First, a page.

2016 Harley-Davidson Fat Boy S Review
Establishing a foothold in a brand that is filled with iconic models with decades-long legacies is no easy task, yet the Fat Boy has survived for 26 years in the Harley- Davidson lineup. This year, The Motor Company gives the Fat Boy a new powerplant to help the bruiser maintain its place in the Softail line. While he may be fat, this boy is now also very muscular.
The original 1990 Fat Boy (aka the now-collectible Gray Ghost) would certainly recognize the styling cues of the 2016 Fat Boy S, from the bullet-hole riddled solid wheels borrowed from the drag racing world to the one-percenter inspired color-free paint schemes. The Fat Boy S is available in any color you want, as long as it’s black. Now, that is not as limiting as you might think, as both Vivid Black and Black Denim are available. Regardless, the Fat Boy S is a statement machine and black paint matters.
Harley-Davidson’s Director of Styling Brad Richard describes the design approach to the Fat Boy S this way: “When we started styling the Fat Boy S, we took it completely black, and then we pulled it back a little until our gut told us it was right. We kept the highlights on the wheels and the tank badge, but this is still the darkest Fat Boy ever.”
Making its way in the world with the 83 cubic inch Evo motor, the original Fat Boy would be impressed at how the Fat Boy S has hit the gym and is now sporting big guns—a Screamin’ Eagle Twin Cam 110B motor with the attitudinal Screamin’ Eagle Ventilator intake. The wheels’ nod to dragstrip culture is now backed up by a motor that cranks out a massive 108 ft/lbs of torque at 4000 rpm.
The reality is, the standard 2016 Fat Boy gets the very impressive High Output Twin Cam 103B engine, which is good for 100 ft/lbs of torque at just 3000 rpm. In the real world of riding, the two motors aren’t going to represent themselves all that much differently.
However, image is indisputably important, and there’s a gravitas that comes with a Screamin’ Eagle Twin Cam 110B and matching external intake to make sure everyone knows which Fat Boy you are on—just in case the opulent black- on-black color scheme did not make it clear enough.
Numbers and colors aside, the true magic of the long run of the Fat Boy is that it is an outstanding urban mount. A wide 140mm footprint up front and 200mm taking up the rear, both mounted on good-sized 17-inch cast aluminum wheels, helps cushion you from potholes and other indignities your local mismanaged roads may suffer.
Although the Softail chassis isn’t known for particularly effective suspension, the combination of the high-profile Dunlops and the relatively generous travel—over five inches in the front, and nearly three- and-a-half from the hidden rear shocks— makes cruising around town potentially an all-day experience.
By going up to 110 cubic inches—courtesy of a piston that is a full four inches wide—one might think that the vibration level of the Fat Boy S is going to be increased. If it is, it’s not a significant increase. Certainly, going with the balanced engine means you never escape the thump of the fully air-cooled pushrod V-twin. Of course, that pulse is one of the features that led you to a Harley-Davidson in the rst place, and the Fat Boy S falls on the right side of the line dividing rattling and satisfying.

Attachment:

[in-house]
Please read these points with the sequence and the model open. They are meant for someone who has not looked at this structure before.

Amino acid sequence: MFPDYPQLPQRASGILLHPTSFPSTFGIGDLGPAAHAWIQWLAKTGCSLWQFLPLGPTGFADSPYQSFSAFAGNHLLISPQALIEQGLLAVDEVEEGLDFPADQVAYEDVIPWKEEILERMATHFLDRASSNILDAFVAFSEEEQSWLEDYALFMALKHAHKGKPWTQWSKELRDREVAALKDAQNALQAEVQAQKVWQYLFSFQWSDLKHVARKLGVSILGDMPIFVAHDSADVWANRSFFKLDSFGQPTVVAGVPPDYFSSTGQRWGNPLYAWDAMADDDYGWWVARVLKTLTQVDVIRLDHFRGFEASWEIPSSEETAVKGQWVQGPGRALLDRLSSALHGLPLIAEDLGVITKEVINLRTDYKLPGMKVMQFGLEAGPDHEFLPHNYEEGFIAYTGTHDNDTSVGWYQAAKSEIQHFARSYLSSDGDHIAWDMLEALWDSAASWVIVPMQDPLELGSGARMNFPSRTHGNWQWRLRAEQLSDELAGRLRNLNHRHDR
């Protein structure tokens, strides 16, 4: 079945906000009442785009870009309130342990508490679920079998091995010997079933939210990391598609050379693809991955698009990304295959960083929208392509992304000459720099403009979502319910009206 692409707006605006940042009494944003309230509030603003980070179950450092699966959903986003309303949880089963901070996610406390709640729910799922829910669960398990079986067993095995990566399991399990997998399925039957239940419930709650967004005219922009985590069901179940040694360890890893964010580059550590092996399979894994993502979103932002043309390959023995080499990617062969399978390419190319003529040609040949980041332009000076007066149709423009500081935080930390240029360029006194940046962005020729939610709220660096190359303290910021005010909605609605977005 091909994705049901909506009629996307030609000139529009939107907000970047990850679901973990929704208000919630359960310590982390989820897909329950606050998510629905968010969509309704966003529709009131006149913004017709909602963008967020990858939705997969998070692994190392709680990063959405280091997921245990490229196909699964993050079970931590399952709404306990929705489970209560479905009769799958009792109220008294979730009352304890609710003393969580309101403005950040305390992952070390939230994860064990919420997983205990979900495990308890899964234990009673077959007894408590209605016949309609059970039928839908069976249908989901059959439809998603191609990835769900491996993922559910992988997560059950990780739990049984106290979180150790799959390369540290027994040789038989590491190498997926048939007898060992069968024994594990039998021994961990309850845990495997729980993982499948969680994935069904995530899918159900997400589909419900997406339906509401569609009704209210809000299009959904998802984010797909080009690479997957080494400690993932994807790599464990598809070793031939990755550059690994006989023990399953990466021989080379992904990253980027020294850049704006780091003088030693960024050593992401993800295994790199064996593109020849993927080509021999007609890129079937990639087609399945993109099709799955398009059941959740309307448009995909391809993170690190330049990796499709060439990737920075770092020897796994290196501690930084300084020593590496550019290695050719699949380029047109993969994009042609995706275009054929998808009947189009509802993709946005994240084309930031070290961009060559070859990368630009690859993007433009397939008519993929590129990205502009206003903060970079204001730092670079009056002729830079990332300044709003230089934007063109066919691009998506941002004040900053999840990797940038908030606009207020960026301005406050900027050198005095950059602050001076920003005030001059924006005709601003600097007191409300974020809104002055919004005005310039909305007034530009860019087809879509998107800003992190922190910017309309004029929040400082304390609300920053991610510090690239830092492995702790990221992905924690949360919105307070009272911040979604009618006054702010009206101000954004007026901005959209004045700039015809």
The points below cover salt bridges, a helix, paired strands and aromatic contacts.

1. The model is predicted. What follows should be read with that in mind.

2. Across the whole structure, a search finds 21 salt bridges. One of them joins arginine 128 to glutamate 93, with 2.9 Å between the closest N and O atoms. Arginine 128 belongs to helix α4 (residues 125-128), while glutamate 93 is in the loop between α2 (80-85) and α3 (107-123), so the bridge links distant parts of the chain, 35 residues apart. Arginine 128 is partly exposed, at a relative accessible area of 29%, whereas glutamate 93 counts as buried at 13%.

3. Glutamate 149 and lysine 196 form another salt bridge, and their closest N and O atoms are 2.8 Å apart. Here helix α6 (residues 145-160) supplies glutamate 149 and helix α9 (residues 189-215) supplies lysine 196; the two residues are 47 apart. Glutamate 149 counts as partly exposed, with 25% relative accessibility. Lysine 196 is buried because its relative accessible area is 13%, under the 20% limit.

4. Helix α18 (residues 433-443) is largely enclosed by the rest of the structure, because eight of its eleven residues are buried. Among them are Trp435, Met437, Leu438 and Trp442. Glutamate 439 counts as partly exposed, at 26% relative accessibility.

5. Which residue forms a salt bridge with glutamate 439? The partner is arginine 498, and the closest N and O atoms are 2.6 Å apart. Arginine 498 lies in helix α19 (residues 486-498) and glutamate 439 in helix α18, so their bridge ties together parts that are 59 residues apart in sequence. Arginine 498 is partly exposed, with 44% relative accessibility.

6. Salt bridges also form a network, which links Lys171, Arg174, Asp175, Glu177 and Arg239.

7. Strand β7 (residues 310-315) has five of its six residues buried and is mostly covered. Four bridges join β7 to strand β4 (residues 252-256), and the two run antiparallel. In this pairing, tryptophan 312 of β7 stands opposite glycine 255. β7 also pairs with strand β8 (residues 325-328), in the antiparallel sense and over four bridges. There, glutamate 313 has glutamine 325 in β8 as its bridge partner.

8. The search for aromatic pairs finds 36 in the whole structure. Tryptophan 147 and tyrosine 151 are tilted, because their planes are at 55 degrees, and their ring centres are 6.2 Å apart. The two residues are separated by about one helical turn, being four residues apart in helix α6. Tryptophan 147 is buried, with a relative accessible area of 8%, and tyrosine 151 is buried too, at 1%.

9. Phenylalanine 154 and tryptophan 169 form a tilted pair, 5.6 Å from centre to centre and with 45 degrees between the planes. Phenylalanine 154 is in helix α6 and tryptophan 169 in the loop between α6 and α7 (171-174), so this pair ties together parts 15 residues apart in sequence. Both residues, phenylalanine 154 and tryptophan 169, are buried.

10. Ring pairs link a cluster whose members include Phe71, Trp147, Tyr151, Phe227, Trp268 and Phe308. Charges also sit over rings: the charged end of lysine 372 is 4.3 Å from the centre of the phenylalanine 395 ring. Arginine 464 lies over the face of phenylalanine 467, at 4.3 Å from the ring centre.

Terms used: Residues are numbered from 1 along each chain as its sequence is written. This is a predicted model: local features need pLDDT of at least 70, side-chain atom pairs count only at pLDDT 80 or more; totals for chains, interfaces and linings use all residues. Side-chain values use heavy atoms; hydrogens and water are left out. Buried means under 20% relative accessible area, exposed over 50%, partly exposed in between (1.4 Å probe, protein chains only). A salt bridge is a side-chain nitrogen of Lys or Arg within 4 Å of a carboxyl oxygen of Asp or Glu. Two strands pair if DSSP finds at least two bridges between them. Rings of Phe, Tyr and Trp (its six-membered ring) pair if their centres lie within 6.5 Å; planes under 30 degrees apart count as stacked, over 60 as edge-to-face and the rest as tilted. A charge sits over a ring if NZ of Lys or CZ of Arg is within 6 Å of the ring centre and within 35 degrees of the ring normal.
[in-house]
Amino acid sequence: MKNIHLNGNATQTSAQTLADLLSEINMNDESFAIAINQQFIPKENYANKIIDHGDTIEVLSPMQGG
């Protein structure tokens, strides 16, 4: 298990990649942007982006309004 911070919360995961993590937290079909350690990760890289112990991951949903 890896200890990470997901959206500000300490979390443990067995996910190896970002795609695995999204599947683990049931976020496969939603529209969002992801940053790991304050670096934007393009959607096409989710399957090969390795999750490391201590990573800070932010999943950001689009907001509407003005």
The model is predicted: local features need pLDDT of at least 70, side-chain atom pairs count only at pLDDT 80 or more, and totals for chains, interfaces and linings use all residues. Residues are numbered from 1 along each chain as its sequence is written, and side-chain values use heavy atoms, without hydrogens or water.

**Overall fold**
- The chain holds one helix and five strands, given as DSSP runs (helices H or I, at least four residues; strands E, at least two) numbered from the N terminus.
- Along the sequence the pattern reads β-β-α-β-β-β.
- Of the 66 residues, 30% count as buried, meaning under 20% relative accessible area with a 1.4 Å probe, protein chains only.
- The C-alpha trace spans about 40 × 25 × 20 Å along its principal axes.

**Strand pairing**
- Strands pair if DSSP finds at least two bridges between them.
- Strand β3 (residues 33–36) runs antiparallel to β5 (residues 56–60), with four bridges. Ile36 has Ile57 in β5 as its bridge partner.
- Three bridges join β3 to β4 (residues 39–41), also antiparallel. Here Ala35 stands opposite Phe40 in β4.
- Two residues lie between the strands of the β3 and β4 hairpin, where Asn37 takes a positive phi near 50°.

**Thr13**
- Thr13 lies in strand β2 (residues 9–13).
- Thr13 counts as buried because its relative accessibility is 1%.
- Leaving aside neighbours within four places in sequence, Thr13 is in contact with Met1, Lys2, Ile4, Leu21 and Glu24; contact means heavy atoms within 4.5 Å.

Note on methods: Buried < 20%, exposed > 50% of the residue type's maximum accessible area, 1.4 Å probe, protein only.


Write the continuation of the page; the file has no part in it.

With a cavernous five-gallon fuel tank and a 200-mile range, you won’t be tempted to empty the tank without stops, though you might come close now and then. The cupped seat is comfortable, and the separate rear seat adds a tad of lower back support, which reduces fatigue.
The ergonomics are perfection. Wide bars give the leverage required to muscle the beefy front tire, and the floorboards are a properly placed platform with room for most boots to move fore-and-aft, as needed.
Put plainly, this is how a cruiser is supposed to feel—relaxed, yet giving your body language just a touch of attitude to match the menacing paint. Add in the growl of the shotgun muf ers and the ability to accelerate with undeniable authority from stoplights, and the table is set for a satisfying ride.
Braking isn’t quite up to Screamin’ Eagle standards. You get a single disc up front, and the 300mm rotor and four-piston caliper can only do so much with a bike that weighs 730 pounds, ready to roll. A 292mm rear disc does help, as there’s not much dive when using the front. The tires’ large contact patches are here to help, as is the standard clunky ABS.
I’m not here to tell you that you can’t take the Fat Boy S up into the mountains and canyons, but this is more of a city boy. Lean angle, just a tad over 25 degrees, is modest. Aggressive riding is permitted by the Dunlops, and restricted by the floorboards.
So, go for that ride on the twisties in the backcountry, with the expectation that you will take your time and enjoy the scenery—cruising is cruising, after all. Now, if it’s a straight shot out to that favorite roadhouse, all that’s going to hold you back is the wind. Those wide bars turn you into something of a sail, though the motor and chassis are willing to take the Fat Boy S up to serious ticket speeds.
With three Fat Boy versions to choose from, Harley-Davidson shows that it knows how to make the most of a great thing. Ultimate MotorCycling Editor-At-Large Dianne Zicarelli Johnson loved her Fat Boy Lo; for those with a shorter inseam, that’s an attractive option.
Picking between the Fat Boy and the new S is a bit trickier. There’s a $3000 premium for the S version, and for that you get lots of black, and a Screamin’ Eagle motor. Alpha males will definitely be riding out on the 2016 Harley-Davidson Fat Boy S, and you won’t want to argue with them.
Photography by Riles & Nelson